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Lonely 'homeless' planet found

cfbdsir2149 planet homeless

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31 replies to this topic

#16    praetorian-legio XIII

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Posted 15 November 2012 - 04:09 PM

So 100 light years is in "our neighborhood"? And whys it so hot without a star to warm it?


#17    HawkLord

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Posted 15 November 2012 - 04:31 PM

I am just waiting for some nut to come on and say it has to be the fabled "Nibiru" :whistle:

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#18    Talion

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Posted 15 November 2012 - 04:36 PM

Planet X-
NIBIRU
"Planet of the Crossing", the invading planet that joined
our solar system to bring the seeds of life (DNA) with it.
Oops I guess I am the first nut job, , ha

Edited by Talion, 15 November 2012 - 04:37 PM.


#19    pallidin

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Posted 15 November 2012 - 05:28 PM

View Postpraetorian-legio XIII, on 15 November 2012 - 04:09 PM, said:

So 100 light years is in "our neighborhood"? And whys it so hot without a star to warm it?

That's what I was wondering.
Maybe it's super massive and the internal pressure is generating this heat, but not so massive as to become a star.

I think the article said something along those lines


#20    Curley Fryes

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Posted 15 November 2012 - 05:35 PM

They keep looking and looking, going farther and farther away. Eventually they're going to see something they don't want to see!


#21    freetoroam

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Posted 15 November 2012 - 05:43 PM

View PostHawkLord, on 15 November 2012 - 04:31 PM, said:

I am just waiting for some nut to come on and say it has to be the fabled "Nibiru" :whistle:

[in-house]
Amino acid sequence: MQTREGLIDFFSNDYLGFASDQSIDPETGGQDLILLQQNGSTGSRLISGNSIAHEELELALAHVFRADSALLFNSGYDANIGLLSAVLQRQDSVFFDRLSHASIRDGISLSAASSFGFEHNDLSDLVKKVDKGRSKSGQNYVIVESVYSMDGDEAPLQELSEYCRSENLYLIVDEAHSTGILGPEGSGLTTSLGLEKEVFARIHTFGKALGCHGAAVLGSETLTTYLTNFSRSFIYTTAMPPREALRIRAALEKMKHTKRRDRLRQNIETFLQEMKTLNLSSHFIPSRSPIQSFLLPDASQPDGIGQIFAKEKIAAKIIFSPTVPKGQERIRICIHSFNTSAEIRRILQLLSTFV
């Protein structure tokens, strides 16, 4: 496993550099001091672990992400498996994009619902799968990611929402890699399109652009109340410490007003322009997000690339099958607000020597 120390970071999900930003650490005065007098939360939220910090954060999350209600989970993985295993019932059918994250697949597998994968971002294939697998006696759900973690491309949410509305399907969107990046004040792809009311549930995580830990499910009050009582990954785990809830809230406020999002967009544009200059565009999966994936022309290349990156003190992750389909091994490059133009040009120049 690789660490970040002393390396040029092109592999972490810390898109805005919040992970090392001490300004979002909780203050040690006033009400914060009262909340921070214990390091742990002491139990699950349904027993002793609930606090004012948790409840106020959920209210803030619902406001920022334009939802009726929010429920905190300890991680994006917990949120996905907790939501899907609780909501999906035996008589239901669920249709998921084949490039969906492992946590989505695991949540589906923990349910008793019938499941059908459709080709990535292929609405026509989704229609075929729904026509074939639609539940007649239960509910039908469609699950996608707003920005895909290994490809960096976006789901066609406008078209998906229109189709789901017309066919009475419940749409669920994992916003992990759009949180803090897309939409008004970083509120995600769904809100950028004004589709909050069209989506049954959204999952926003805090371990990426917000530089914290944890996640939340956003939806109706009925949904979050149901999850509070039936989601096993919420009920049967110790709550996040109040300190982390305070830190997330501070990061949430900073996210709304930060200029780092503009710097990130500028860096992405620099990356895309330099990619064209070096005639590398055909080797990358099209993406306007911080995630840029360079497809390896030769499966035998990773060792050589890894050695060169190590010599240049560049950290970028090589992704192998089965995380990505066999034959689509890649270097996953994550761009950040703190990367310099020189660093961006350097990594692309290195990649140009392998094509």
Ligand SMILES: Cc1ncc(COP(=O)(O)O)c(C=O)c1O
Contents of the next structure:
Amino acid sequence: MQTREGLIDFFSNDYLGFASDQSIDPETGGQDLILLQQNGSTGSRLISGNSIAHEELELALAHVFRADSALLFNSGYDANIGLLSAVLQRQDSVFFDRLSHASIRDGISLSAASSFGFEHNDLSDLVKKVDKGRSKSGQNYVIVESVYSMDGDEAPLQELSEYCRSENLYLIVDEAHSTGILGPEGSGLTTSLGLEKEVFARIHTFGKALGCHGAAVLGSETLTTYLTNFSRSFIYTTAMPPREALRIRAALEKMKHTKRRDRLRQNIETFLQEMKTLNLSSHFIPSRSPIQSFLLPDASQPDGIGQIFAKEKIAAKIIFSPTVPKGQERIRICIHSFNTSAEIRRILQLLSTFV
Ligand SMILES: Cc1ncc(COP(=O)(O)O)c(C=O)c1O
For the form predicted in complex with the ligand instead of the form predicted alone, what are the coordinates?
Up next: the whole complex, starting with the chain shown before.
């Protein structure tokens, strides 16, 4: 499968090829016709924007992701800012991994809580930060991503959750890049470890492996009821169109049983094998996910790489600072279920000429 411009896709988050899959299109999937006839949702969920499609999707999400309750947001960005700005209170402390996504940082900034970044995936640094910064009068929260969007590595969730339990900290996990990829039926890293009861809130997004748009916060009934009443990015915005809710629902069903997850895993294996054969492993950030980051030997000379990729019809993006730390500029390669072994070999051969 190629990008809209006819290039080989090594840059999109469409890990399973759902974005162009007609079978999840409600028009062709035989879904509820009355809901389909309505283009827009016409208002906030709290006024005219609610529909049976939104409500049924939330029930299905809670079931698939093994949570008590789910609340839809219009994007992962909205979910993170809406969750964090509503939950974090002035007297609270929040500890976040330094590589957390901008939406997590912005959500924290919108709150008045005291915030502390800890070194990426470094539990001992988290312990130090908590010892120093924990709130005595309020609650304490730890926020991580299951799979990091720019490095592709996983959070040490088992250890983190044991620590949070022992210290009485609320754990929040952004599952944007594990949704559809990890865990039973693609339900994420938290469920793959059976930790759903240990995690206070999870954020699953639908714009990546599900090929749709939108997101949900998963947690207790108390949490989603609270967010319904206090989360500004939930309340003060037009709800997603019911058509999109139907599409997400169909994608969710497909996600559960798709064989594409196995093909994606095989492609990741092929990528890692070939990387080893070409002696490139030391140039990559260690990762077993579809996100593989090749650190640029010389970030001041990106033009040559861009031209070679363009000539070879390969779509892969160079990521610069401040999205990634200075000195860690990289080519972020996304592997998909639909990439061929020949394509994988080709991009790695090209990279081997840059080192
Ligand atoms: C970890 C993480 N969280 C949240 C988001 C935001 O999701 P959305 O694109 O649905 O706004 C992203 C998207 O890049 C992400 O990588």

well if it is, it had better get its skates on, we are not far from 2013.

In an ideal World a law would be passed were NO guns were allowed and all those out there destroyed, trouble is the law makers are not going to take a risk of trying to pass that without making sure they are armed first.

#22    Matthew Davids

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Posted 15 November 2012 - 05:50 PM

This planet was going to be a star but did not grow massive enough to fuse hydrogen into helium. They call these brown dwarfs they are just a big gas giant really.


#23    Mako_Torriblaidd

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Posted 15 November 2012 - 05:59 PM

NIIBIIIRRUUU!!! No... just a planet who may have been lost... oh well.


#24    Hawkin

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Posted 15 November 2012 - 11:28 PM

Wonder how they determined it's 400C?


#25    C235

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Posted 16 November 2012 - 07:14 AM

MAAMAAAAA?!


#26    Artaxerxes

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Posted 16 November 2012 - 03:15 PM

How did they determine it was 400C? They stuck a thermometer in it's butt.


#27    BaneSilvermoon

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Posted 17 November 2012 - 08:01 PM

View PostGravitorbox, on 14 November 2012 - 12:50 PM, said:

It is a planet because it meets all the necessary criteria to be defined as a planet.